Once you finished your translation, tools that automatically check your translated text for grammatical errors, such as Grammarly, can be very helpful. This is especially true because Microsoft Word does not always spot every single mistake. It will be impossible for you to see them in your own text without technical help or the aid of a proofreader, no matter how often you read through it – our brain is extremely good at filling in the blanks or correcting errors without us being consciously aware of it. This is also the case with spelling mistakes. If you want to make sure that your text is as perfect as it can be before sending it to your client, make sure to double and triple check for any errors using reliable software. CAT tools already have this feature integrated.
PDF word count
Also helpful is a PDF word count, should your potential client provide you with a PDF rather than a doc file for your cost proposal. However, be careful using online PDF word count services, asthey might store the uploaded files online. Depending on your client’s confidentiality requirements this could be an issue. Monetary Language Services claims not to store or analyse the files submitted beyond counting the words contained in that file.
Industries that hire Translators
In an increasingly global world with plenty of online businesses expanding to new markets, translators have become an important asset to almost any industry. It would be virtually impossible to list them all, so here are just a few examples of industries known to hire freelance translators:
Translators are hired by the travel industry to translate a variety of written content, such as destination descriptions, marketing materials and blog entries.
With the advent of independent publishing, publishers have arisen that are in need of translators to make their bestsellers accessible to new markets. But the traditional publishing industry is also on the look-out for new talent to help them expand their readership.
Private health care is an industry to be reckoned with especially. It offers freelance translators well-paid opportunities in a variety of areas. In an increasingly global environment, healthcare tourism has become increasingly popular, which requires private clinics to promote themselves in several languages.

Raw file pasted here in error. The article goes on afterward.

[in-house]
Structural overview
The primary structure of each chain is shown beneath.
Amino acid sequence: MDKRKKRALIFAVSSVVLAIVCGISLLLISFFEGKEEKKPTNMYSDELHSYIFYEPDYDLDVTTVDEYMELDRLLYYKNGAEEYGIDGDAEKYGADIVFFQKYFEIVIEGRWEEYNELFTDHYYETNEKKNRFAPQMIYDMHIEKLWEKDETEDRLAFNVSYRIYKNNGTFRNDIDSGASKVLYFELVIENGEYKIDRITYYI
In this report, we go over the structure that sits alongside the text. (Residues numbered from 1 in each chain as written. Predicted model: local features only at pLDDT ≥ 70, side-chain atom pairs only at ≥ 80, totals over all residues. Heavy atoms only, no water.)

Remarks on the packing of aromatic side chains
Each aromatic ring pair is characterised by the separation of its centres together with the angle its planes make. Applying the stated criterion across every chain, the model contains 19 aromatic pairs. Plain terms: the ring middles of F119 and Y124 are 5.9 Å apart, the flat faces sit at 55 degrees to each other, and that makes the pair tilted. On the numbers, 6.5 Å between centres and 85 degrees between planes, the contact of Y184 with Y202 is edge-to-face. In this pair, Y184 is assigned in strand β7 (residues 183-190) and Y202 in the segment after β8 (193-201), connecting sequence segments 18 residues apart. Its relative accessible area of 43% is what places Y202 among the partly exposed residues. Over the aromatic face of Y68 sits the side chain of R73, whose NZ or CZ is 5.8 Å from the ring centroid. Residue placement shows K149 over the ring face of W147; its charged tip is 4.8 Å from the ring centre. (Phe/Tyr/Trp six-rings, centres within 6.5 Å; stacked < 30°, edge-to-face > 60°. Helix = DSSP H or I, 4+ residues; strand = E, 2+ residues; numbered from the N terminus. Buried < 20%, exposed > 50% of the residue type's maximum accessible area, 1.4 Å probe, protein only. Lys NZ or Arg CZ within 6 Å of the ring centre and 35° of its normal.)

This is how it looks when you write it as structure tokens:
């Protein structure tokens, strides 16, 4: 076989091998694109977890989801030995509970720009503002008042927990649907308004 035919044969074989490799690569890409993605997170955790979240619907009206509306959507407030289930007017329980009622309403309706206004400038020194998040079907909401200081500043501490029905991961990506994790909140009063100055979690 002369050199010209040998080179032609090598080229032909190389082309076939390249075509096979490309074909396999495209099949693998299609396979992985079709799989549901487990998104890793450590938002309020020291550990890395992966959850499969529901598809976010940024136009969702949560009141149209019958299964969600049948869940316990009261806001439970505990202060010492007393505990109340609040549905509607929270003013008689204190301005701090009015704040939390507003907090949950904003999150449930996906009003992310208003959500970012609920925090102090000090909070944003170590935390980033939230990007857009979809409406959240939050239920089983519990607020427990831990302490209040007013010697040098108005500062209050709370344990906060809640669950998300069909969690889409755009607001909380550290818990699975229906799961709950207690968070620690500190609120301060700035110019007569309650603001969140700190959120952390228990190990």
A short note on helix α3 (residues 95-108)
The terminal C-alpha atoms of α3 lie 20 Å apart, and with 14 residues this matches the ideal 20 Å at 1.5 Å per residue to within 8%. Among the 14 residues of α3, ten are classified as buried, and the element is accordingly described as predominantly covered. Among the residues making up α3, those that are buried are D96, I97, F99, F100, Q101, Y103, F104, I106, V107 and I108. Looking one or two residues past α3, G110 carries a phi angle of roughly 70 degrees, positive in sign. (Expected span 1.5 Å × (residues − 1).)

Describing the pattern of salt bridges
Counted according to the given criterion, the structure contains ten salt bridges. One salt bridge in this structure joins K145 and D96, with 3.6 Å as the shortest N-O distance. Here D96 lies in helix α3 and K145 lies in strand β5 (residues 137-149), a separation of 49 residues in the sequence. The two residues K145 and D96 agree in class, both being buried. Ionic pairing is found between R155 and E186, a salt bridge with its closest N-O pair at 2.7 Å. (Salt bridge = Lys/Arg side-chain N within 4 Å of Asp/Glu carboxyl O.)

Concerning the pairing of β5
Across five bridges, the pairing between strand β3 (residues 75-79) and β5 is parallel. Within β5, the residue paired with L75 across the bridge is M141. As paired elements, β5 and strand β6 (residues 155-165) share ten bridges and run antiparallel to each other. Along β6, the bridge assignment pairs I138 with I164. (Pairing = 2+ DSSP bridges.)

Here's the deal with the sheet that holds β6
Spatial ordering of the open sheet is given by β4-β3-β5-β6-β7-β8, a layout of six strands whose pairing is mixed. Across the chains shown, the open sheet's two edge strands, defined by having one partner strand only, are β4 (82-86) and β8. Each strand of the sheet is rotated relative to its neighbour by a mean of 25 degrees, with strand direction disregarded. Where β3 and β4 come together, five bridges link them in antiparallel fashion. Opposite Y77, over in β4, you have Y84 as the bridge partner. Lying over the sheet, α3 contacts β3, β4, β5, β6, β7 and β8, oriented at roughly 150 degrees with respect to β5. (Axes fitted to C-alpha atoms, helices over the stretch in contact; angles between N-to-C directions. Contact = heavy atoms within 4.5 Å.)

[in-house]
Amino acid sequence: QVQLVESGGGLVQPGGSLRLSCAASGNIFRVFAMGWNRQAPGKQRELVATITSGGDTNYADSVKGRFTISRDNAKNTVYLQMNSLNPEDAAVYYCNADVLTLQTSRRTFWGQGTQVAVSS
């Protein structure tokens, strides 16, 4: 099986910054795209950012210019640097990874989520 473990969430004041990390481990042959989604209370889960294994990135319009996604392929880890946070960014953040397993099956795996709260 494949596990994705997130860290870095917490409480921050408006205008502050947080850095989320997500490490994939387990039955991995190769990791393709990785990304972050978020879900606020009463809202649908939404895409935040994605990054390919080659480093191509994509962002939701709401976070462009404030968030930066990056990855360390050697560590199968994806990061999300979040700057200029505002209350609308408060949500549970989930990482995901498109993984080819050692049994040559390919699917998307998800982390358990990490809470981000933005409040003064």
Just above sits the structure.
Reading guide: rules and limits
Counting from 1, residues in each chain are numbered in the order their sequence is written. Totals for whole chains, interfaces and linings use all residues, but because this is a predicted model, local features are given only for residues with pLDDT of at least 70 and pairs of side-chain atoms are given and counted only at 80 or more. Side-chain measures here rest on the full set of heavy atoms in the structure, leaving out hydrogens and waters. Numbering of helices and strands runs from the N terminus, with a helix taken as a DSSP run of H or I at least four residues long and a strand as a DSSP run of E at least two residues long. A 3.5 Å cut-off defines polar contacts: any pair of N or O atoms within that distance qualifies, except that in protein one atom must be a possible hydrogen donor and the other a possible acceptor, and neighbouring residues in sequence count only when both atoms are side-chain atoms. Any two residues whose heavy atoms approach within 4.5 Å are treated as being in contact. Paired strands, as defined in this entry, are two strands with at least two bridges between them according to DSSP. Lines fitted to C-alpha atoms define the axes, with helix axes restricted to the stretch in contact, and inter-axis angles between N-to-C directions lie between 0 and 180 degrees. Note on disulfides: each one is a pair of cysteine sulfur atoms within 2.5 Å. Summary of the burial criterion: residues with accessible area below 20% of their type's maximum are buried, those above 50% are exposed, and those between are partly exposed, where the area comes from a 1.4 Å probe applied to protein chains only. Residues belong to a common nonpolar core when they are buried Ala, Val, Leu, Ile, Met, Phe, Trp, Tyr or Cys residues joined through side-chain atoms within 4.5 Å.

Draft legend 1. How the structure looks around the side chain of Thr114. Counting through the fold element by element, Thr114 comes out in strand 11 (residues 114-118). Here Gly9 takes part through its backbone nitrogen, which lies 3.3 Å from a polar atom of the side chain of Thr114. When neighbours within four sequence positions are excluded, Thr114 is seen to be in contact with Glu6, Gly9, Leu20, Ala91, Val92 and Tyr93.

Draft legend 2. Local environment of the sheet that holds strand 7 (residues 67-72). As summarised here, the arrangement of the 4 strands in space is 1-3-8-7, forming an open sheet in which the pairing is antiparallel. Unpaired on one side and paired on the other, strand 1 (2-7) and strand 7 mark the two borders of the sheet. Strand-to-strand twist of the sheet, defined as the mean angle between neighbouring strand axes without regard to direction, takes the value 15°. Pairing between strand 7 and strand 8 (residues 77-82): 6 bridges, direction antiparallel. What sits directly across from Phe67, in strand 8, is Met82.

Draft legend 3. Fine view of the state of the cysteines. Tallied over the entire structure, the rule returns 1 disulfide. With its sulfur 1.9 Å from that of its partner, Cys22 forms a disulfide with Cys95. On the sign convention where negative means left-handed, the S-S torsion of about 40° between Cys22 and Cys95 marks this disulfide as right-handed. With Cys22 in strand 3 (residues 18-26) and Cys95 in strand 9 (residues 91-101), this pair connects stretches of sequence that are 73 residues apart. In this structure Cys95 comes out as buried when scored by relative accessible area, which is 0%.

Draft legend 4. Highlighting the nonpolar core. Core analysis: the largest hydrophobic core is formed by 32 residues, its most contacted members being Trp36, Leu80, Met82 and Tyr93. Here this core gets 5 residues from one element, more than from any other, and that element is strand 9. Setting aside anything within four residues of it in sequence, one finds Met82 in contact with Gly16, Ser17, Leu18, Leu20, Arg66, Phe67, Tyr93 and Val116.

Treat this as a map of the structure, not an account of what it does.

Due to the myriad types of translators, industries and alternate requirements of projects, it is pretty much impossible to give an accurate picture of how much a freelance translator should earn. What can be said for certain, however, is that most translators are paid per word rather than per hour, although per hour is also an option preferred by some clients. This is especially true when it comes to interpreters. We will, nonetheless, attempt to provide you with a rough payment guide. It might still be wise to take it with a pinch of salt, and should you be unsure if this guide is at all applicable to you, please search for information that reflects your particular situation.
High quality translations take time and that time should be adequately compensated for. Depending on the ‘difficulty’ of the topic, the source and target language, the expertise required, and any further requests a client might have, prices can quickly go up.
A natural translation is a translation that reads as if the content was written in the target language itself. Readers won’t be able to tell that it is a translation. Word-by-word translations often ignore the syntax of the target language and adhere to the source language’s syntax.
Hourly payments can range anywhere from $5 an hour to $80 and more. Please note that the location of the freelance translator also plays a role in how much he/she will need to make per hour in order to sustain a successful freelance business.
Information Translators need from Clients
These are the pieces of information translators need to see in a client’s job description to know whether they are the right candidates and to be able to give an estimated price and project duration:
Related Job Profiles
Depending on the type of project a freelance translator is being hired for, there are quite a few freelancers with other skill sets that could work alongside the translator. Proofreaders, who correct grammar, syntax, and stylistic errors, should be part of any translation job, in order to give the target text that final polishing. Editors expand on the work of a proofreader by making sure that the text is readable, consistent and adheres to the publisher’s standard. Although proofreaders are always essential, editors tend to be hired for books, magazines and any publication that requires such rigour. Graphic designers could be hired to highlight the transcreated lines and slogans with the use of equally captivating imagery. A web designer makes sure that the target content (and the graphic designs) finds the right place on a client’s website. Transcribers might need to be hired prior to the translator in order to turn recordings in the source language into a written text which then can be passed on to the translator to be translated. Voice over artist could also be hired to use the translated text for a recording in the target language.